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Date:
21-12-12

Author:
Empower

CASMI Supports Empower Campaign in House of Lords

CASMI Supports Empower Campaign in House of Lords

The issue of slow drug development and lack of approvals for new medicines, particularly in neurology, was recently raised in parliament. CASMI’s support for The Empower: Access to Medicine campaign was announced and we will continue to strive towards creating a more productive environment for new treatments for neglected diseases.

Extract from the House of Lords Parliamentary Debate:

Asked by Baroness Ford - To ask Her Majesty’s Government what progress has been made in improving neurological services, and in particular the provision of epilepsy services, in the United Kingdom.

Baroness Masham of Ilton-  No new drug has been approved for motor neurone disease since riluzole was approved 20 years ago.

The Empower: Access to Medicine campaign is a unique one, created for patients by patients. It is a powerful voice, rarely heard, but one that I believe could have a real impact on how pharmaceutical companies, regulators, politicians and the general public view drug development. As the director of the Oxford Centre for Accelerating Medical Innovations said:

“I am delighted to be involved in this campaign. Opening up the discussion around the lack of availability of effective drugs for rare and life threatening diseases is a vital first step on the path towards accelerating new innovative drugs”.

One of the key problems we are facing today in overcoming the lack of drugs for rare or orphan diseases is the challenge for industry in achieving a return on investment. Major drug companies have been cutting back on their research budgets because the R&D process has hit a wall of cost, time and failure rate. It is a staggering figure worth repeating: to bring a new drug to the market can cost up to £1 billion. Seriously ill patients are quite understandably more willing to try different combinations or new drugs. Because these drugs may improve their quality of life or even stop the progress of their disease, they are willing to accept the risk of possible side effects. We need to involve them more fully in the decision-making. This is a societal issue and all stakeholders must work together. We must be willing to rethink regulation, especially for rare and life-threatening diseases. The European Medicines Agency has an objective to pilot a new approach along these lines which goes under different names-for example, “adaptive licensing” and “progressive authorisation”. We must find ways for patients to access drugs more quickly.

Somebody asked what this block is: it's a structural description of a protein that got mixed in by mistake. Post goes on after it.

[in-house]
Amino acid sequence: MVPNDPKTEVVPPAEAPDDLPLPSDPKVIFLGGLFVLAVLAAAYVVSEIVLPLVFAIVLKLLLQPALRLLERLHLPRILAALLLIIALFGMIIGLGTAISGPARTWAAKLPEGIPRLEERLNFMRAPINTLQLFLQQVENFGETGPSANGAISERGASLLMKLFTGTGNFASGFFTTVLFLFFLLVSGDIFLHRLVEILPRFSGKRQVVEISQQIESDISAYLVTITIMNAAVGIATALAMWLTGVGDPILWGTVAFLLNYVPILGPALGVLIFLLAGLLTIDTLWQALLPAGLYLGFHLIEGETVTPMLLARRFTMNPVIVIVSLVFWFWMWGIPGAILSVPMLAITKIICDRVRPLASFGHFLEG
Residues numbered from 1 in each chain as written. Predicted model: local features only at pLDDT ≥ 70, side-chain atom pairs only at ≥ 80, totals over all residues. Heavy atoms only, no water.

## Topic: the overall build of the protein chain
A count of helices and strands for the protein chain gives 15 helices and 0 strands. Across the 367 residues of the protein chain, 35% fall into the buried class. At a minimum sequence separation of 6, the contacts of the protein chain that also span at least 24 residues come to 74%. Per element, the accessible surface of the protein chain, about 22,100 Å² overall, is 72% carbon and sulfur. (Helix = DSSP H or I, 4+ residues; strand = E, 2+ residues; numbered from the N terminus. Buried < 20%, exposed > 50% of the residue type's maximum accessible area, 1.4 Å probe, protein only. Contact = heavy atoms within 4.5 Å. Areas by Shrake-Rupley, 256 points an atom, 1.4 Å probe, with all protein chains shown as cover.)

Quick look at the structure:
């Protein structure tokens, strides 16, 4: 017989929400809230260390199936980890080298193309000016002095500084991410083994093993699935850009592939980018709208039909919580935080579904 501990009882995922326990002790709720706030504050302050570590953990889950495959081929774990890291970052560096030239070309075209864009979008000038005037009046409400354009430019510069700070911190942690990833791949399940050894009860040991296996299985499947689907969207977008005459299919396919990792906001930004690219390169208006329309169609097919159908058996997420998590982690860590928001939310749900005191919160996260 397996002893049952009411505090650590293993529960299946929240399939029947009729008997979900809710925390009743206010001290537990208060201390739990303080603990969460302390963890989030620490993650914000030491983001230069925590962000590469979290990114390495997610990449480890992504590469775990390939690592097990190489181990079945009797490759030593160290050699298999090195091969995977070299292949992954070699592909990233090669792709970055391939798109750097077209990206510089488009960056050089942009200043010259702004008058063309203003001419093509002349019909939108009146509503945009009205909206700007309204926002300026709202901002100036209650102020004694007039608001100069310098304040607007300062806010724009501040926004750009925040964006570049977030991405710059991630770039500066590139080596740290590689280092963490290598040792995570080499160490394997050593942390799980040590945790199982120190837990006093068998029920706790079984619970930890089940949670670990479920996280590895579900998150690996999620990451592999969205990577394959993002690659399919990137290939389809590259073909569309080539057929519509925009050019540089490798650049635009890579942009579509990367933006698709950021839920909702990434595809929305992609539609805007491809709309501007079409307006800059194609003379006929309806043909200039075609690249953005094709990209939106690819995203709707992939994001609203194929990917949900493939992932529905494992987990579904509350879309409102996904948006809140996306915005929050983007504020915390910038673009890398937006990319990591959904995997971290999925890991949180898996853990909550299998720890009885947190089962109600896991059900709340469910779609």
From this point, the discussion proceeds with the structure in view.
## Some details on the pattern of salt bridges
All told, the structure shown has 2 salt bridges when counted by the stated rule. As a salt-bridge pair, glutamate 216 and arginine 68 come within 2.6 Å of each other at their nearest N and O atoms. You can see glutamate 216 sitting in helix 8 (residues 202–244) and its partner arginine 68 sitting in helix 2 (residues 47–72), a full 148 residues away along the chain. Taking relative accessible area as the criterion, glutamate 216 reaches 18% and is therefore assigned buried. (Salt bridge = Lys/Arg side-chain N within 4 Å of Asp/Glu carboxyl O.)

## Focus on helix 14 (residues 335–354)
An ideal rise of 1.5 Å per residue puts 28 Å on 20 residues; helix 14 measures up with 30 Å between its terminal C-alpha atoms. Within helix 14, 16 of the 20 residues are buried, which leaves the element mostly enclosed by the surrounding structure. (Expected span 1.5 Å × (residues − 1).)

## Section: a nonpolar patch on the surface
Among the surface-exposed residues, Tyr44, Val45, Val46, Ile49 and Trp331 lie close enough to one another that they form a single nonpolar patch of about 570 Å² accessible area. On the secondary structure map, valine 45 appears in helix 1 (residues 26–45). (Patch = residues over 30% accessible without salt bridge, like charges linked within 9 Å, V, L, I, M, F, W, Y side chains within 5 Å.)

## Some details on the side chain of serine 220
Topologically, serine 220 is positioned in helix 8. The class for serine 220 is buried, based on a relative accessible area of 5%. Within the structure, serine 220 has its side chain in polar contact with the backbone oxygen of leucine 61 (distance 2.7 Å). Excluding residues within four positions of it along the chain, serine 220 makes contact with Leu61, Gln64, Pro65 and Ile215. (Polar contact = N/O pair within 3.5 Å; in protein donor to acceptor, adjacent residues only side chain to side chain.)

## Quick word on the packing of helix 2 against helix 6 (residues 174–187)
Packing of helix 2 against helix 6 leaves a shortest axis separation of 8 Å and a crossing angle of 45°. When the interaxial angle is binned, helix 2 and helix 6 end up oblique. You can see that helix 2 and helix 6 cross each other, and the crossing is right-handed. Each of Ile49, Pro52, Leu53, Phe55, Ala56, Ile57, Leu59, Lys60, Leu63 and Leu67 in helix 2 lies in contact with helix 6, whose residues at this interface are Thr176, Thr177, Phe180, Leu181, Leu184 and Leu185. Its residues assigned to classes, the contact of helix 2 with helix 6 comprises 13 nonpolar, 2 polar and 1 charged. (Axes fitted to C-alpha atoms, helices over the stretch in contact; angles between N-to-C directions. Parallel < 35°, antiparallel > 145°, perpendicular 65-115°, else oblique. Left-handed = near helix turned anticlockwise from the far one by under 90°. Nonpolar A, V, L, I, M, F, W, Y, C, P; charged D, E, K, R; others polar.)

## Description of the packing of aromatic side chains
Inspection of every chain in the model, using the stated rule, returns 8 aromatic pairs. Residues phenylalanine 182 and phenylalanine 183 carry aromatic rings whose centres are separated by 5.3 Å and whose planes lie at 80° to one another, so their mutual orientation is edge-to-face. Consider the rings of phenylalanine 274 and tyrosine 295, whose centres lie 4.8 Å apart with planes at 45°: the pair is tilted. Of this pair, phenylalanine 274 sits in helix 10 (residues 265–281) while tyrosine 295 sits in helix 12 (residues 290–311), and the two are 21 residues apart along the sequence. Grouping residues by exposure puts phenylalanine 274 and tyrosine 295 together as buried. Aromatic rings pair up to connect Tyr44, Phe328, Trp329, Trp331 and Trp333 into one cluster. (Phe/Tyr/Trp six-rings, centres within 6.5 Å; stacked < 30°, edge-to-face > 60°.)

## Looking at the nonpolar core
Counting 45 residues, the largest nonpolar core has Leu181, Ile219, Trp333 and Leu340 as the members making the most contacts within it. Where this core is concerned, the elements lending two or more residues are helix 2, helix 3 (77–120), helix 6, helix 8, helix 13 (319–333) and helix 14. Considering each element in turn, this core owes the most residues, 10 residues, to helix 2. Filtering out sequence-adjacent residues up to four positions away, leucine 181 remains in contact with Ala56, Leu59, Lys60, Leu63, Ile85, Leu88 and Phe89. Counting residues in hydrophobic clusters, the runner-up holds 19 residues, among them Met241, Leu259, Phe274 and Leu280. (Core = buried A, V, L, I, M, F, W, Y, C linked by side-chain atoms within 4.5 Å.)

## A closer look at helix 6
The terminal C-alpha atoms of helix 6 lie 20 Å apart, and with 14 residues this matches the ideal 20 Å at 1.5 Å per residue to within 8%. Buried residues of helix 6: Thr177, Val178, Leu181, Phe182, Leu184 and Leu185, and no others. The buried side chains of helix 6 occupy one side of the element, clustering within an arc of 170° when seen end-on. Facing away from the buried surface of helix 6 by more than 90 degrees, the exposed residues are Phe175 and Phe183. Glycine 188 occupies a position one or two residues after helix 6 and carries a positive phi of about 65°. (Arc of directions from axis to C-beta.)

I end by saying that there is currently no national guidance for MND. This is a huge gap. MND is rare, complex and progresses rapidly, so health professionals need clear guidance on how to care for people with this disease. Will the Minister please help to expedite the National Institute for Health and Clinical Excellence -NICE-to produce guidance and quality standards for MND? Both have been referred to NICE for development but the timescale for the guidance to start has not yet been determined. How long have they got to wait?”

The full text can be found here: http://www.publications.parliament.uk/pa/ld201213/ldhansrd/lhan69.pdf

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